I don’t do well in front of crowds. In fact, I often don’t do well in front of a small group, if there is even one or two members of the gathering with which I am not overly familiar. So while I have you here, in a medium that tends to work much more successfully for a person of my particular nature, I’m going to let you in on a secret about what it means to be an introvert: despite what I’ve just admitted, we are not necessarily shy, quiet, nervous or home on Saturday nights. To that list of assumptions, I respond: sometimes, while in thought, if the situation calls for it, and depending on whether or not we had somewhere to be on Friday night.

I’m pretty sure my introversion waxes and wanes (probably as often as the moon, but I’m not tracking my patterns that rigorously), but on most given days, I’d rather be reading. My idea of a perfect day involves a lot of time in the kitchen, windows open, music up, screening my calls (it’s not personal) and turning in early. I know to a lot of people my age (which is 27, not 87, in case you were unsure) this seems monumentally boring, a fact for which I’ve previously felt embarrassed or (gasp!) apologetic. Why?

The thing about being an introvert is that it’s often viewed as a fixable situation. We’re automatically cast as the sidekick or the girl-turned-supermodel once she ditches her glasses. Anyone tell you to come out of your shell lately? And while there are certainly aspects of this personality type that can feel frustrating, there are other ways in which we can dramatically succeed. I’m no public speaker, sure, but I can express myself in ways that others find limiting. My first impression skills leave something to be desired (I’m looking at you, sweat stains) but finding lasting friendships with people that know the real me is something I feel beyond lucky about every single day.

So what does being naturally introspective and cool with alone time have to do with being brave? For starters: it takes a hell of a lot of courage to be true to who you are, especially in a world that constantly advertises for all the ways it can “fix” you: Too shy? Be more social! Too nervous? Be less worried! Too weird? Be .. less weird? You get the idea.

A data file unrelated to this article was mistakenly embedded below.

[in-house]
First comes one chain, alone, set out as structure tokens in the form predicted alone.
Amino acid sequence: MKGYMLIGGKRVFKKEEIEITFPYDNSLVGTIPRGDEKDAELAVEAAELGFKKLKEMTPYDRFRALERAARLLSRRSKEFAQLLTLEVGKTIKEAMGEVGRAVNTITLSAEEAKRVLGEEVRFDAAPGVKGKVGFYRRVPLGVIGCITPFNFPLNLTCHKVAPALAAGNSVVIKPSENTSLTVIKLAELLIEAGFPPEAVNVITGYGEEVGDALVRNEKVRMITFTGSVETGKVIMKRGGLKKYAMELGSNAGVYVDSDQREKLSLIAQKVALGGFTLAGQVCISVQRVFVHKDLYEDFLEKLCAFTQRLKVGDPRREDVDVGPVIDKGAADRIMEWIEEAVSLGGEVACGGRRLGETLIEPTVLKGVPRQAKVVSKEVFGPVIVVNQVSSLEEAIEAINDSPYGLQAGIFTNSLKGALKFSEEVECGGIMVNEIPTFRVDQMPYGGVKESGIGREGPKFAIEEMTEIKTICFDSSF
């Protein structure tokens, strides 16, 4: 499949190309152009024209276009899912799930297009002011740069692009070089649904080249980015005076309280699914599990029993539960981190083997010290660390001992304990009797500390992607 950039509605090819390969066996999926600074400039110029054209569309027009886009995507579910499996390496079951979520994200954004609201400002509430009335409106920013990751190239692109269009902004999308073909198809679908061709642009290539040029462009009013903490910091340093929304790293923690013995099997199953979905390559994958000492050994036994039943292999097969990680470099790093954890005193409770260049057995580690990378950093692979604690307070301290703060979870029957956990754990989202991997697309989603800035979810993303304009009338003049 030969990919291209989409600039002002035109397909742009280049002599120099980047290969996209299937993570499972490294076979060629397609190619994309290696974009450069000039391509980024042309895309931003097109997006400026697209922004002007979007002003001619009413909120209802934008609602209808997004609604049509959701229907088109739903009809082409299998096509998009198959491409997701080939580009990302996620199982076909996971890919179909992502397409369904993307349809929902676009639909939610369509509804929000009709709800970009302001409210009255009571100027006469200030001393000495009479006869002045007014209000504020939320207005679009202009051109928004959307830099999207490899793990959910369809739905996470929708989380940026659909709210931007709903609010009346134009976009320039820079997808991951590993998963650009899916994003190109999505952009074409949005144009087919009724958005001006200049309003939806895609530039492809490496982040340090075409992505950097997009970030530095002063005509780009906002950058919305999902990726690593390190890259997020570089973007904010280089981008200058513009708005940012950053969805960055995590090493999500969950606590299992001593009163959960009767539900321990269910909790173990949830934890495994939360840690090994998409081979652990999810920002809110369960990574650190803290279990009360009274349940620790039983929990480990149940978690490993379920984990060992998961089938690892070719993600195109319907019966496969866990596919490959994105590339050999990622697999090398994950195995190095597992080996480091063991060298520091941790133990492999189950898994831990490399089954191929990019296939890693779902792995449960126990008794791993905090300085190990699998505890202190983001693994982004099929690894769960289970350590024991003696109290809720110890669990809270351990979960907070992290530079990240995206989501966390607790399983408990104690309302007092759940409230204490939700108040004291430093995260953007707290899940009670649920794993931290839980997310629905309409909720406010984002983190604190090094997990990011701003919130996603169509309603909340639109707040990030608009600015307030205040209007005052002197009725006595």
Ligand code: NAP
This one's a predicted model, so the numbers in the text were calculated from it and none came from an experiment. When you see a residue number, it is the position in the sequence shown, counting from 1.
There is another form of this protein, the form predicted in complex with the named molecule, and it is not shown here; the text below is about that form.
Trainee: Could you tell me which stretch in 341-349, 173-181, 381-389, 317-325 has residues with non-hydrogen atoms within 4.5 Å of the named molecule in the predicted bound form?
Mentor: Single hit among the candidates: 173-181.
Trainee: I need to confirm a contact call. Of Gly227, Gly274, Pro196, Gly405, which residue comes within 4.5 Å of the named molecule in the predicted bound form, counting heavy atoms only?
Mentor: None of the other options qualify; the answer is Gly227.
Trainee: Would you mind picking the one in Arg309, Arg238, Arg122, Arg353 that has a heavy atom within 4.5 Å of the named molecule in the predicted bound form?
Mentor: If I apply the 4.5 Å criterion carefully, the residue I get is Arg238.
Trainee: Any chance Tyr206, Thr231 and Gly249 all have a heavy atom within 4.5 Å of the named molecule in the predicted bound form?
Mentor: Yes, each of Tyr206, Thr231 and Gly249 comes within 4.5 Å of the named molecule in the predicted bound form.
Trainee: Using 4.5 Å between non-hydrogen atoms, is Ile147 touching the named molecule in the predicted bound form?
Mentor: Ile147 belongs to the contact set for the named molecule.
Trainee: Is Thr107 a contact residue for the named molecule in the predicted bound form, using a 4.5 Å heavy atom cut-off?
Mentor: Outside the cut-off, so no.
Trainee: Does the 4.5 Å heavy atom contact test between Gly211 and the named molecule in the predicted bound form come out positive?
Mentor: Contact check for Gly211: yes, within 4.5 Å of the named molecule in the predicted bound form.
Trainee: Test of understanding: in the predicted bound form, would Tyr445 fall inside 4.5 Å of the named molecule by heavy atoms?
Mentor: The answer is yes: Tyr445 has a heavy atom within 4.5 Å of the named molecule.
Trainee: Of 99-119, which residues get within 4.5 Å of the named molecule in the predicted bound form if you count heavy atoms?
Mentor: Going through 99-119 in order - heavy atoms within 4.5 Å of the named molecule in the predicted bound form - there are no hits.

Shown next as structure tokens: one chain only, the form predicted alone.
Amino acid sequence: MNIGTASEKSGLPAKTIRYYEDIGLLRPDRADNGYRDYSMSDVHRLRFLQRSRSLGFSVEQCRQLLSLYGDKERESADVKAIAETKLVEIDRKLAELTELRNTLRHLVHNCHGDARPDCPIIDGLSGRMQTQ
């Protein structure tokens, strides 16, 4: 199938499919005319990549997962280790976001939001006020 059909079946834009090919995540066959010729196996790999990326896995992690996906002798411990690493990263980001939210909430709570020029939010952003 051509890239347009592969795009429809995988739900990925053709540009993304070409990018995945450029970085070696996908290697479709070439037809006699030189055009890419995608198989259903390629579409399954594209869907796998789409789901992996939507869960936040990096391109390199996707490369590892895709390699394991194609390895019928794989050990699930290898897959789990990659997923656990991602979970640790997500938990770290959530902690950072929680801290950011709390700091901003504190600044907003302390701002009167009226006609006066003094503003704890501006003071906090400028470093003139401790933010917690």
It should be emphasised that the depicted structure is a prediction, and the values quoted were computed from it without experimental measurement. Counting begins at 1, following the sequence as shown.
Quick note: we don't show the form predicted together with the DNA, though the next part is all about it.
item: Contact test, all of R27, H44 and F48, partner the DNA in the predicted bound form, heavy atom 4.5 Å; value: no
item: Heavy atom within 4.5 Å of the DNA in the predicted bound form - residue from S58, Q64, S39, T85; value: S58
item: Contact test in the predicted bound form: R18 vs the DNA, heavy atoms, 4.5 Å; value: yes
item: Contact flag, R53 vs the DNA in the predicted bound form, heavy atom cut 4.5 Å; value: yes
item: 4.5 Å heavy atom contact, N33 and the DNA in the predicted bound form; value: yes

Of course there will always be situations where we can benefit from challenging our natural instincts. Not sure how to tell? Ask yourself these questions:

  1. Is this important to me?
  2. Am I doing this for myself?
  3. Am I doing this for the approval/understanding of others?
  4. Could something really amazing happen if I follow through?

If the answer to any of these (except maybe #3) is no, keep moving. However, if the answer to any (yes, any) of these is yes, saddle up and get ready to practice boldness in a different way: exiting your comfort zone for the bigger picture, which is pretty much the only time fighting your inner introvert isn’t a compromise of character.

It’s certainly not news to anyone that we’re all better off just being ourselves. And this isn’t a plight for us to abandon correcting our flaws and mistakes. (“I don’t have to, she told me I’m perfect just the way I am!” Well.) Rather, dear introverts, I’d encourage you to bravely decide that you don’t have to be the life of the party or leader of the group in order to be considered a valuable or complete person. And just because we can find ourselves sectioned off into rather large, overarching categories of people doesn’t mean that it’s an us-against-them world. All the extroverts aren’t pointing at you wondering why you won’t speak up, I promise. But the second you stop apologizing for who you are, and stop letting others think that introversion doesn’t denote its own form of being brave, the happier we’ll all be in a world that needs us both.

Not sure if you’re an introvert? There are lots of simple online tests to help you figure it out. This isn’t one them, but this is.


Helen Williams is the Community Love Director at Holstee. She is passionate about cooking and writing which pair well together on her vegetarian food blog, green girl eats. She's strives, every day, to be less sorry

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